In this volume we look at Christmas comic books, Christmas music, how to shop for the Geek on your list, and we answer the most burning question of all… is Santa Claus a superhero?

24
Feb
14

Blake Has Written Books Part 1: Other People’s Heroes

Hey there, everybody. I’m working on a lot of stuff right now — some of it all-new, some of it new versions of things you’ve seen before. In both cases, the cylinders are firing and I’m having fun shaping my own weird worlds.

Other People's HeroesWith all of those worlds in play, however, I find myself in a position of wanting to push harder to spread the word of my existing work. After all, I’m the sort of writer who enjoys linking all of my various worlds and works in a way that rewards readers who stick around. The only way that sort of thing pays off, though, is if people are aware of the previous works in the mythos.

That said, this week I’ve decided to step back and remind folks of my current work in print. Let’s spread the word, guys. If you enjoy my work, talk it up. Posts reviews on Amazon.com, Goodreads.com, or any other place you talk about books. And by all means, when you see this post, share it. And “like” it. And “retweet” and “reblog” — do whatever you can to tell people about my stuff.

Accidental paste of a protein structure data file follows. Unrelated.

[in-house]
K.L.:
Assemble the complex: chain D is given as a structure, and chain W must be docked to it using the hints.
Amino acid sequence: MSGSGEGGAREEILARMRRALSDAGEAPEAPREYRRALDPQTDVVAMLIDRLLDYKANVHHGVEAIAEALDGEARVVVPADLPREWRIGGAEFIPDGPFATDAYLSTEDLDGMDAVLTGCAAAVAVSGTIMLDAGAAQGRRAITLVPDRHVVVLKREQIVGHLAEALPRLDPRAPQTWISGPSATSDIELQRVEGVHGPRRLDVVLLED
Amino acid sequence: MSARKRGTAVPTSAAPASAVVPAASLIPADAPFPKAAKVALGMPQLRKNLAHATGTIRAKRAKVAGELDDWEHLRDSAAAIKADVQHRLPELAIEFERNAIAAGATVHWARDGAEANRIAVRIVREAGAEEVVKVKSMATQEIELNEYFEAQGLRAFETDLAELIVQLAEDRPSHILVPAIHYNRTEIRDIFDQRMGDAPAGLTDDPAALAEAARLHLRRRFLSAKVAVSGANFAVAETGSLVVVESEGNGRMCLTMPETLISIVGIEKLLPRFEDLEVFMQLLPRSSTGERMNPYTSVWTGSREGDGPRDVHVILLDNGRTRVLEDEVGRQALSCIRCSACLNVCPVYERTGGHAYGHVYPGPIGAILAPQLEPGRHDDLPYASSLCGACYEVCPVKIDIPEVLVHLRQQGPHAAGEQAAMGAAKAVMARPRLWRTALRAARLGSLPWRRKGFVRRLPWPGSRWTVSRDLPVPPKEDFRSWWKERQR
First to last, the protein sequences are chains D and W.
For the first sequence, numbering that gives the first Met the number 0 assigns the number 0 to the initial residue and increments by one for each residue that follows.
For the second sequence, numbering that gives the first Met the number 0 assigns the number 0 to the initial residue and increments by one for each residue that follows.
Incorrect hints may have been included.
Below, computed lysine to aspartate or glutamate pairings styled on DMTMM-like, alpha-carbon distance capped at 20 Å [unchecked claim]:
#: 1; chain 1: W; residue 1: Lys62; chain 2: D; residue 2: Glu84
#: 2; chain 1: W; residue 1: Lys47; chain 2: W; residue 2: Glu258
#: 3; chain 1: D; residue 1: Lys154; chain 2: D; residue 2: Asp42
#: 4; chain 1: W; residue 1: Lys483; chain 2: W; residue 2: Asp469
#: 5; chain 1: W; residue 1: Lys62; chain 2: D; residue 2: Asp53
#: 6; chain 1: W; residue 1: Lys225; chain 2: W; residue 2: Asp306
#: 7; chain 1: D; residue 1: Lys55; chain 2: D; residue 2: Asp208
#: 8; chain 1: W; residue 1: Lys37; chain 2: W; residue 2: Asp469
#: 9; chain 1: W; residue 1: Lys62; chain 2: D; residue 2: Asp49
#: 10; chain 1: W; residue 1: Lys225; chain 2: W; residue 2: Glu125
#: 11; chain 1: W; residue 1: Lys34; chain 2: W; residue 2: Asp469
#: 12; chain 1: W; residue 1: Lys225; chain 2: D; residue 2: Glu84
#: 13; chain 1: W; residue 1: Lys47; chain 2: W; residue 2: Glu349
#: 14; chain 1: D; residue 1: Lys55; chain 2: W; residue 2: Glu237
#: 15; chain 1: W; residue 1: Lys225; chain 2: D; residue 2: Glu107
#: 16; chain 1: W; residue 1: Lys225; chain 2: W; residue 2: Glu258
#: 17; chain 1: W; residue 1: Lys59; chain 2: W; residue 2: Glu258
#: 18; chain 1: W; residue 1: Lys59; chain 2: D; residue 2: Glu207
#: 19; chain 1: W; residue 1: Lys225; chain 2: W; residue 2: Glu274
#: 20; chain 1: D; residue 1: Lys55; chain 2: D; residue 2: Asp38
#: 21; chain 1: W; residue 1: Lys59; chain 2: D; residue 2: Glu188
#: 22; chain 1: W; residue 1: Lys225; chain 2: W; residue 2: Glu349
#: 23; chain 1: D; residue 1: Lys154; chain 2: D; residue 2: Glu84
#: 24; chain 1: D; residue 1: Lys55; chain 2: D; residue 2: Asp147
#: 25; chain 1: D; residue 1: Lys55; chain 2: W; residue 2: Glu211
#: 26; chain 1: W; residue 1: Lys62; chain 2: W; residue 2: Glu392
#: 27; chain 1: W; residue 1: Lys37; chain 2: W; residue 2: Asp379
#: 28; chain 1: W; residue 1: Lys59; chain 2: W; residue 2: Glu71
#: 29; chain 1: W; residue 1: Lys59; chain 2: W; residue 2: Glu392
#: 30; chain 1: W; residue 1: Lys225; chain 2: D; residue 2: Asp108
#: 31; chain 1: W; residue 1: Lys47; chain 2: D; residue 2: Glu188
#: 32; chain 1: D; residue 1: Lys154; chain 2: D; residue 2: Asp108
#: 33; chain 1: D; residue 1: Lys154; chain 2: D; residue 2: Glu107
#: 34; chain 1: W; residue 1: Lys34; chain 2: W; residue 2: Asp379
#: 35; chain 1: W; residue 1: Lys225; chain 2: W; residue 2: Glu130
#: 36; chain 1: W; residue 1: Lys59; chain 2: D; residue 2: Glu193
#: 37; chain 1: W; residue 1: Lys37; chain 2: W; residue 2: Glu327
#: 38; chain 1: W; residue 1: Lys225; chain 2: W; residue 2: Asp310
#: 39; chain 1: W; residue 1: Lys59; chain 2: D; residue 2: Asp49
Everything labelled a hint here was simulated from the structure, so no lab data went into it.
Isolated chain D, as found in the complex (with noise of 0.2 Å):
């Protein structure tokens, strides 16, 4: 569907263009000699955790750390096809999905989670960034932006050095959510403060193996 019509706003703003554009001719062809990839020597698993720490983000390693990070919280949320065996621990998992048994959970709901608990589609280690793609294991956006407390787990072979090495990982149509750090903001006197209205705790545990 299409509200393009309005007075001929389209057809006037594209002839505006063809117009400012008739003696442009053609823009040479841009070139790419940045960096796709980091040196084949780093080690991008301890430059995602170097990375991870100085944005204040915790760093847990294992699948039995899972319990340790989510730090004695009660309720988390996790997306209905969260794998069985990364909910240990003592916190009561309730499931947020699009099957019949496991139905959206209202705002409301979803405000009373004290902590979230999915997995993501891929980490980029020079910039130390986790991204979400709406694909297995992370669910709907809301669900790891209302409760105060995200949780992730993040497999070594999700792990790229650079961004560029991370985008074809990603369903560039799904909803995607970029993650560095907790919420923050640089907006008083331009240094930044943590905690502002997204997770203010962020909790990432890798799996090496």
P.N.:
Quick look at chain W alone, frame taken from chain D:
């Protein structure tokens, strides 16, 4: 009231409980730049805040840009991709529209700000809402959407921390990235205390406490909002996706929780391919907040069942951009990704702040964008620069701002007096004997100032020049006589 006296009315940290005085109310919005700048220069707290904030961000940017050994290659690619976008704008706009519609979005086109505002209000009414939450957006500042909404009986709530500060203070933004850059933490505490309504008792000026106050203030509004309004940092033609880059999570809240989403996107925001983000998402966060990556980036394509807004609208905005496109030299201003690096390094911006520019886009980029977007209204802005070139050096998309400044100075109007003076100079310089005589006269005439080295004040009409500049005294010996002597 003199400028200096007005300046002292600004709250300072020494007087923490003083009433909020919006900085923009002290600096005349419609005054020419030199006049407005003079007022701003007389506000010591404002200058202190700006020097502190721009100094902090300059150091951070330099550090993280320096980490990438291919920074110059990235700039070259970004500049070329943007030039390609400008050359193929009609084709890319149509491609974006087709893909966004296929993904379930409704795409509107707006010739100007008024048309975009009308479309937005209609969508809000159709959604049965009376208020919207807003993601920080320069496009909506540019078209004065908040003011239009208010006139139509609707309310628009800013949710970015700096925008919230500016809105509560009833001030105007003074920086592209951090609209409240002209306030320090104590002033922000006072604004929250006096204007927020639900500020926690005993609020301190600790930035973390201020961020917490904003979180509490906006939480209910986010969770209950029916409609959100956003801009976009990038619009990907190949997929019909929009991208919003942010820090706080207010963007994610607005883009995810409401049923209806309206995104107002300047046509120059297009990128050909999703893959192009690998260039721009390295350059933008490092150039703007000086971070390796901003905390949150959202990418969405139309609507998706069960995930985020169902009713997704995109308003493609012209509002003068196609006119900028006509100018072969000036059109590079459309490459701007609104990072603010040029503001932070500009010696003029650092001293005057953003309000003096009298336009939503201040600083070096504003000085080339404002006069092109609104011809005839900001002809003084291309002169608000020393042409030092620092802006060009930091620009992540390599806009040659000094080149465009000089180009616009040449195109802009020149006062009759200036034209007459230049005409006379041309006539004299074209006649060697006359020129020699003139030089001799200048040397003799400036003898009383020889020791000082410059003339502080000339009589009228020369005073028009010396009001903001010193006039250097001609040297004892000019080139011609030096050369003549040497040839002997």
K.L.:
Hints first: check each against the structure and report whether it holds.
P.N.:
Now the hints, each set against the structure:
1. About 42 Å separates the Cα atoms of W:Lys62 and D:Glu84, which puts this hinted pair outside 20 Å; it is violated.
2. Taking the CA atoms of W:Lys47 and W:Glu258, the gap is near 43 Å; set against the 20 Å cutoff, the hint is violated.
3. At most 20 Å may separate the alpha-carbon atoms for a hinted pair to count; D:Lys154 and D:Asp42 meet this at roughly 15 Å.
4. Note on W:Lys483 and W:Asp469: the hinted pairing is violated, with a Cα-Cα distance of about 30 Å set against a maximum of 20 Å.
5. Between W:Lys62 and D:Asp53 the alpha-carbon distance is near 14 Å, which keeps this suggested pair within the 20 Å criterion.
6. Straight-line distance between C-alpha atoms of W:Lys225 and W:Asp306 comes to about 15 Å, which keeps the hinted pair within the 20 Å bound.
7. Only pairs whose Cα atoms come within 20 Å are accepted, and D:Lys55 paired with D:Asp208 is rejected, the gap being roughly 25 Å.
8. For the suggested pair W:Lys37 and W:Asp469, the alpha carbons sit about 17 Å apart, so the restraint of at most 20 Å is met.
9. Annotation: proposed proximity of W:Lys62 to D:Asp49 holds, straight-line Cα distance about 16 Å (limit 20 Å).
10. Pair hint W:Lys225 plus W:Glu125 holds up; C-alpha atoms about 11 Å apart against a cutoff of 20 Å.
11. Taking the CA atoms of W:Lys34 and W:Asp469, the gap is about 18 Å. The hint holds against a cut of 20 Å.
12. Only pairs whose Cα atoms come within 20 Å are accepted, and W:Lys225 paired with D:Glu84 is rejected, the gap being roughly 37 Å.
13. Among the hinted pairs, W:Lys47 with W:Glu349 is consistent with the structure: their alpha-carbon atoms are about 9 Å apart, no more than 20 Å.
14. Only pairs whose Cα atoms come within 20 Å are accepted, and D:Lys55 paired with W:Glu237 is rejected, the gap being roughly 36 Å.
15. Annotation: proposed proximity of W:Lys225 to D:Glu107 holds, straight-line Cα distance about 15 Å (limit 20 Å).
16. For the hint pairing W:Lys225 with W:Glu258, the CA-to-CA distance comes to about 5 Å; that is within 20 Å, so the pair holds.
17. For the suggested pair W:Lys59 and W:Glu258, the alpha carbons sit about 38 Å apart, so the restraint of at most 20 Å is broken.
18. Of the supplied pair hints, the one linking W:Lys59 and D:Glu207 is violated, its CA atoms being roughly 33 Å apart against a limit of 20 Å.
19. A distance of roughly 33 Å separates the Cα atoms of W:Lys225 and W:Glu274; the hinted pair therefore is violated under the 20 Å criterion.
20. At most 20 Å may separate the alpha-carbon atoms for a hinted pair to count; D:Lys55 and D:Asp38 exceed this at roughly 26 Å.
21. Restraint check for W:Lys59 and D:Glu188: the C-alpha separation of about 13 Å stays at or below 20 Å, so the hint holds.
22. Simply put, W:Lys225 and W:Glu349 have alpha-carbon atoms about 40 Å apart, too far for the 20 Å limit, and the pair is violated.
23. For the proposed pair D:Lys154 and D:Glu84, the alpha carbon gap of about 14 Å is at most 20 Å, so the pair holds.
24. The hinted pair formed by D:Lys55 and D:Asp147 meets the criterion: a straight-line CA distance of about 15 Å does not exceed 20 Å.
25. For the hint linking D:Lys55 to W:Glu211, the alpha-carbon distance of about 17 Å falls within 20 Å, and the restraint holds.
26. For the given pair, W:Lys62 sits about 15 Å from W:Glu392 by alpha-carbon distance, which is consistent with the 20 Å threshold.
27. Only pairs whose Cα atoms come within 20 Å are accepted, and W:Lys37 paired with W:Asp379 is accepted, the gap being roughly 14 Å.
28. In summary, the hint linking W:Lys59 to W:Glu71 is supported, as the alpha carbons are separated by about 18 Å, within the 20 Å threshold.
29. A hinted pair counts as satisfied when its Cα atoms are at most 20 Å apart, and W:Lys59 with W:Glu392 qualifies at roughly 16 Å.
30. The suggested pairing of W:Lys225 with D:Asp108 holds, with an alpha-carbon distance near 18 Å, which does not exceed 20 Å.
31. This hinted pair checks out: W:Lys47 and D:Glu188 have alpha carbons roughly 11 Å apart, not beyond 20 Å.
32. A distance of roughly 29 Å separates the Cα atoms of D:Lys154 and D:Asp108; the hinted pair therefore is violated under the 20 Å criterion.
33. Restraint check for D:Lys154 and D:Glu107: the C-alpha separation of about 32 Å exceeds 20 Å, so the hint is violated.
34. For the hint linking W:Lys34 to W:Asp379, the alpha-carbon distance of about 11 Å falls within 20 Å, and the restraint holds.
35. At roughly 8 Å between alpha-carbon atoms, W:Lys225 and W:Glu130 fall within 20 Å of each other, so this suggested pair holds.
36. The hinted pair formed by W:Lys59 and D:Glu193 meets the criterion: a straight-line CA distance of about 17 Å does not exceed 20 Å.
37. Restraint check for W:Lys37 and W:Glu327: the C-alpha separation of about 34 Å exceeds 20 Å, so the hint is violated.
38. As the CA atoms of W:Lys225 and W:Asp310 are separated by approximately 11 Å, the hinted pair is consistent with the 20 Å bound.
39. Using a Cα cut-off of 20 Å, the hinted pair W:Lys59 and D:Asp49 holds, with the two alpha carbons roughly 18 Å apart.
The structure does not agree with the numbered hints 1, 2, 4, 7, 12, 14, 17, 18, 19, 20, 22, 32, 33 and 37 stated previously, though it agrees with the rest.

So let’s start today with my first novel, Other People’s Heroes…

OPH is the first published tale of Siegel City, a world full of superheroes that are sweetly similar to heroes you’ve all met before. Josh Corwood, a reporter covering the exploits of the world’s greatest champions, thinks he’ll be able to join them when he discovers a power of his own. Once he begins to immerse himself in the world of Siegel City’s most famous Capes and Masks, though, he realizes nothing in his world is as it seems.

This adventure tale approaches the world of superheroes with a sense of humor and a good-natured eye at deconstruction, while at the same time, telling a different sort of story about a different sort of world. OPH remains my most well-known and most popular work, as well as the linchpin around which many of my future stories revolves. If you haven’t read it yet, what are you waiting for?